The article aims to explore culinary tradition that penetrates the public space which does not give room for tolerance because it has to deal with the rules of Islamic law. Food is perceived as being in a binary opposition: having an integration effect or being a social conflict resolution. Food is presented to the public space as a duplication of scriptural sources, a marker of tradition, an ecological balancing argument, and an indication of social shift. This paper confirms that dining tradition is proven to have an Islamic ideology. It is indicated by the ijab qabul phenomenon that accompanies the culinary tradition procession as an entity enriching the concept of fiqh among people living in coastal areas regarding the concept of food. In addition, eating and its traditions have an effect on environmental conflict resolution in the coastal areas of West Kalimantan. The traditions of food, land, houses, gatherings and reciting prayers for safety are all important ethnic characteristics in West Kalimantan. These five entities, which are perceived by the people of Kalimantan as provisions for life, have proven to be of no subjective values; they are reserved only for anyone with productive land. However, farm products in the form of food are also distributed to anyone in need. When someone has fulfilled the ber-saro'an (the invitation to eat; berontang or saprahan) in a village, they are no longer treated as “strangers”. This tradition is not only about eating but also has to do with the emergence of variants of Islamic fiqh in the coastal areas indicating psychological values.
The Dayak Selako Shamans Oral Tradition: Intermediary Between People, Culture And Religion Kristianus, Kristianus
Al-Albab Vol 10, No 2 (2021)
Publisher : Graduate Program of Pontianak Institute of Islamic Studies

Show Abstract | Download Original | Original Source | Check in Google Scholar | DOI: 10.24260/alalbab.v10i2.2093

Abstract

The Dayak Shamans of Western Kalimantan of Borneo mediate between people and the Makhluk halus or invisible beings. The Makhluk halus who have their own well-defined roles, live in the sky, earth, water and other places, with similar needs as the humans, and the relations between humans and spirits in the context of traditional beliefs are inseparable. Interestingly, these beliefs are common to both Dayak Selako Shamanism and Kalimantan Islam. The Malay oral tradition has a major influence on the Dayak Selako culture in Western Kalimantan. In fact, both ethnic groups had originated historically from the same roots, but later separated by Islam and Christianity. Thus, irrespective of their affiliations to the major religions of Christianity and Islam, the Dayak Selako Shamanism and the Islamic spiritual healing practiced in Western Kalimantan follow the same oral tradition when conducting spiritual communication and shamanic healing.  For the Malays, communication with the spiritual world begins with the recital of the Islamic verses, forming an essential part of the the Malay identity. Interestingly, the Dayak Selako Christians too use the same verses. We argue that the Dayak Selako Shaman is not only an intermediary between the Dayaks and their spirits,  but also between the Dayak, Islam and Christianit religions. The mutual values of oral tradition in shamanism’s of the Dayak Selako and Malays have created a societal structure based on the natural cycle and life pattern.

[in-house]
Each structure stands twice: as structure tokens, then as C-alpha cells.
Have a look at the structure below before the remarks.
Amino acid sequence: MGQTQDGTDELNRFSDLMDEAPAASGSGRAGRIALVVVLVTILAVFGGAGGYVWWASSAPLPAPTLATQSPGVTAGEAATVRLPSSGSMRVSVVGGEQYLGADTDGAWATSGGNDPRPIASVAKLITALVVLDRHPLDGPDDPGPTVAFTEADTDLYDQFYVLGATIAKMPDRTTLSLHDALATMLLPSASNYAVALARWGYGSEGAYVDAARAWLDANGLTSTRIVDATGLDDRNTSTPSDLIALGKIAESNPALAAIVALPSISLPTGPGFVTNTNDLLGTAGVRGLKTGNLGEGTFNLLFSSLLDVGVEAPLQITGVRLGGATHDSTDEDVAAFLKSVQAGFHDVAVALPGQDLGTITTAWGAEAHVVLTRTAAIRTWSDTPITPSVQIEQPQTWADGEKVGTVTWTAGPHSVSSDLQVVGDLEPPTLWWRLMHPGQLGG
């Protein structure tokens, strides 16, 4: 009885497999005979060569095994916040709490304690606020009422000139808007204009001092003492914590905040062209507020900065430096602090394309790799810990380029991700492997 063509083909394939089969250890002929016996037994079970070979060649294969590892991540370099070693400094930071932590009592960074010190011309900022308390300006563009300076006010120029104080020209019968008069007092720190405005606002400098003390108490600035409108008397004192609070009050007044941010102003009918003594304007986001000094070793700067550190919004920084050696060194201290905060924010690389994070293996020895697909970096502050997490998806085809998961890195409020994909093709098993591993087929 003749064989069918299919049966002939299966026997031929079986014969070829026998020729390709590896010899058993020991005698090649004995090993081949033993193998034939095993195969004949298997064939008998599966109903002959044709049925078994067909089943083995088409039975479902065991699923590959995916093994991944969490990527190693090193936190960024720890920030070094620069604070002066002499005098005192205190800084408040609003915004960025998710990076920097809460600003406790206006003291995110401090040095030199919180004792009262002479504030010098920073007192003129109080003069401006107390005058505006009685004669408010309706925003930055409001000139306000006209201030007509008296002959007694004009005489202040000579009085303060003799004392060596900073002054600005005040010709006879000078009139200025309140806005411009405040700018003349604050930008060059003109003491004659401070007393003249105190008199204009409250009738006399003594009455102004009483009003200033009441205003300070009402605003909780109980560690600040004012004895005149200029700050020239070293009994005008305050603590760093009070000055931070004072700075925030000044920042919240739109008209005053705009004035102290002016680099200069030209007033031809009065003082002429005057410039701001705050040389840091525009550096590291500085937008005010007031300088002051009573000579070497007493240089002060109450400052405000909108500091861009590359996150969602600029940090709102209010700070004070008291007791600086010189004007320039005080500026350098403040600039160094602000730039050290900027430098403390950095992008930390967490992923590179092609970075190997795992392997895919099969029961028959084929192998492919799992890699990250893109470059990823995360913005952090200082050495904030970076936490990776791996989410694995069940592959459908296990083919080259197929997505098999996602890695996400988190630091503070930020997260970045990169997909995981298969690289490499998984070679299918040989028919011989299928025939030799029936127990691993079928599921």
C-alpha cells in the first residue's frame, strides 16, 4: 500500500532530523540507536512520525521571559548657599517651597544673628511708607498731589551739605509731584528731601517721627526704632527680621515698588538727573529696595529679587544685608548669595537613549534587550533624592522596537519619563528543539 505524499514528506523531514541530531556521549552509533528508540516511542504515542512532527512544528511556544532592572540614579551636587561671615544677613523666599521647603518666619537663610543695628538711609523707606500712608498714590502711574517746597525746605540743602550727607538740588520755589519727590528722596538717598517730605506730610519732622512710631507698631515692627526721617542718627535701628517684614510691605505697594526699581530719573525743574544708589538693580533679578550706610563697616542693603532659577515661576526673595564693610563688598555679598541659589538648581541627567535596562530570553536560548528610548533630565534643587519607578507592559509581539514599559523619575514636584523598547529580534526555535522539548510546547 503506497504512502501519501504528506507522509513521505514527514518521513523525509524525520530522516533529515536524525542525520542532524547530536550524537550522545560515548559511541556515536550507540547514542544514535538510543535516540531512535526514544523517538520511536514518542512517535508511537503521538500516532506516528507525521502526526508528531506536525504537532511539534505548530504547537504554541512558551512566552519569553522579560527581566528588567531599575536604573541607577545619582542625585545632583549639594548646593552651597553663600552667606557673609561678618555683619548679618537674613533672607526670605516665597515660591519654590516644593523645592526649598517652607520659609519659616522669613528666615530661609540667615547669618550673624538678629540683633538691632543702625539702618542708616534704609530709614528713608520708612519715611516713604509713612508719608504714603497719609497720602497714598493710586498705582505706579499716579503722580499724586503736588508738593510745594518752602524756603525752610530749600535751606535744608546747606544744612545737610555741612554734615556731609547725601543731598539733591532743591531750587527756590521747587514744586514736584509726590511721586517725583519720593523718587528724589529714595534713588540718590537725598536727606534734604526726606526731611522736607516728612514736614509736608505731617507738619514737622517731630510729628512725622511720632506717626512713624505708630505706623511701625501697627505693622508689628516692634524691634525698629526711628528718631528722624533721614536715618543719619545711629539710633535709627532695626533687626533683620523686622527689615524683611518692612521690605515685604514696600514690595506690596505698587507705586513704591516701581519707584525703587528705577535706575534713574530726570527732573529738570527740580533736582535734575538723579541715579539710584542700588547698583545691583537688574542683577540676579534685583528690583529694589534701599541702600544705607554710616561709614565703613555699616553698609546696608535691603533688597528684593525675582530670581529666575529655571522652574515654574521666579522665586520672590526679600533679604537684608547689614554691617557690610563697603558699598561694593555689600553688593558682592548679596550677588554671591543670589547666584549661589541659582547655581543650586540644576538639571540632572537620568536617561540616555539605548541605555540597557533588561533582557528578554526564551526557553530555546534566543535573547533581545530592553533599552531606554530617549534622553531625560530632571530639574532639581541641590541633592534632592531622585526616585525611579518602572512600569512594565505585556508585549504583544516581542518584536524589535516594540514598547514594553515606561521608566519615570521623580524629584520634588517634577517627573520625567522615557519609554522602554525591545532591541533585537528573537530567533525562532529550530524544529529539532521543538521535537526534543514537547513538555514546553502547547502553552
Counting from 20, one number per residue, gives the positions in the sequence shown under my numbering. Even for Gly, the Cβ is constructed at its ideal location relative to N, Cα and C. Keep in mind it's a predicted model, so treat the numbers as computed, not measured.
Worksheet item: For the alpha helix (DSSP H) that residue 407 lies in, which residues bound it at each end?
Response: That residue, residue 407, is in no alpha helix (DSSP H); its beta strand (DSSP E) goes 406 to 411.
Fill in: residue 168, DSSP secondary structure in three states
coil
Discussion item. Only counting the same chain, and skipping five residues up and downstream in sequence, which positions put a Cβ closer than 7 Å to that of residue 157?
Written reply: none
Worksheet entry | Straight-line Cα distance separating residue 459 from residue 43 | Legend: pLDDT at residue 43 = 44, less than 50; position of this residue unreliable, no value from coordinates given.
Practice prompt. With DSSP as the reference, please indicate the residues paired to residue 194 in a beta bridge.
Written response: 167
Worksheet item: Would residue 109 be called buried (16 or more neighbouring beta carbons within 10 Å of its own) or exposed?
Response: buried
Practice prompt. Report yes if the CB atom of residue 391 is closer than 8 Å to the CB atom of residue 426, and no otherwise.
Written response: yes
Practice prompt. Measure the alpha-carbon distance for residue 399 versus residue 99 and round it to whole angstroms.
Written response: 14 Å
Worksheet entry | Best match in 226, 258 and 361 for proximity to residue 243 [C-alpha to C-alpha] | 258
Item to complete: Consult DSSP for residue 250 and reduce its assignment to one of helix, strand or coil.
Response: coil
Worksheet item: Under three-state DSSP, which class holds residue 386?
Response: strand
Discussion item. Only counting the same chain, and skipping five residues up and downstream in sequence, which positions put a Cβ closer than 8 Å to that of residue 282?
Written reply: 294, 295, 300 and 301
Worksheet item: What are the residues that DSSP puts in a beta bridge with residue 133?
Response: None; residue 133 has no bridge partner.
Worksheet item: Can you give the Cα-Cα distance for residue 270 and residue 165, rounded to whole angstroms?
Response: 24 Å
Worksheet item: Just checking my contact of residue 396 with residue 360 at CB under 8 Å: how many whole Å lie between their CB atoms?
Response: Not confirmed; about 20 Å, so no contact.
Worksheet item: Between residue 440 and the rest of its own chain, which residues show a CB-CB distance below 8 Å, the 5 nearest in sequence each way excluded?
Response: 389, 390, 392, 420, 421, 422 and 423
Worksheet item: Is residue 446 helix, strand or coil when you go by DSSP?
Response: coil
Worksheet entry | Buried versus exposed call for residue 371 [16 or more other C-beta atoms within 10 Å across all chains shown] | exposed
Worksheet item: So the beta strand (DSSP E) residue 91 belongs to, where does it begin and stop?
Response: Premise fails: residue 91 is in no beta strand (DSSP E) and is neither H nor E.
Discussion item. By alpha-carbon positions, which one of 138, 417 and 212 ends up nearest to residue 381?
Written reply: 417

Ethnic Stereotyping and Intra-Religious Conflict: The Experience of Muslims in Sambas of the Indonesian West Borneo Kurniawan, Syamsul; Sirait, Sangkot; Muslim, Azis
Al-Albab Vol 10, No 2 (2021)
Publisher : Graduate Program of Pontianak Institute of Islamic Studies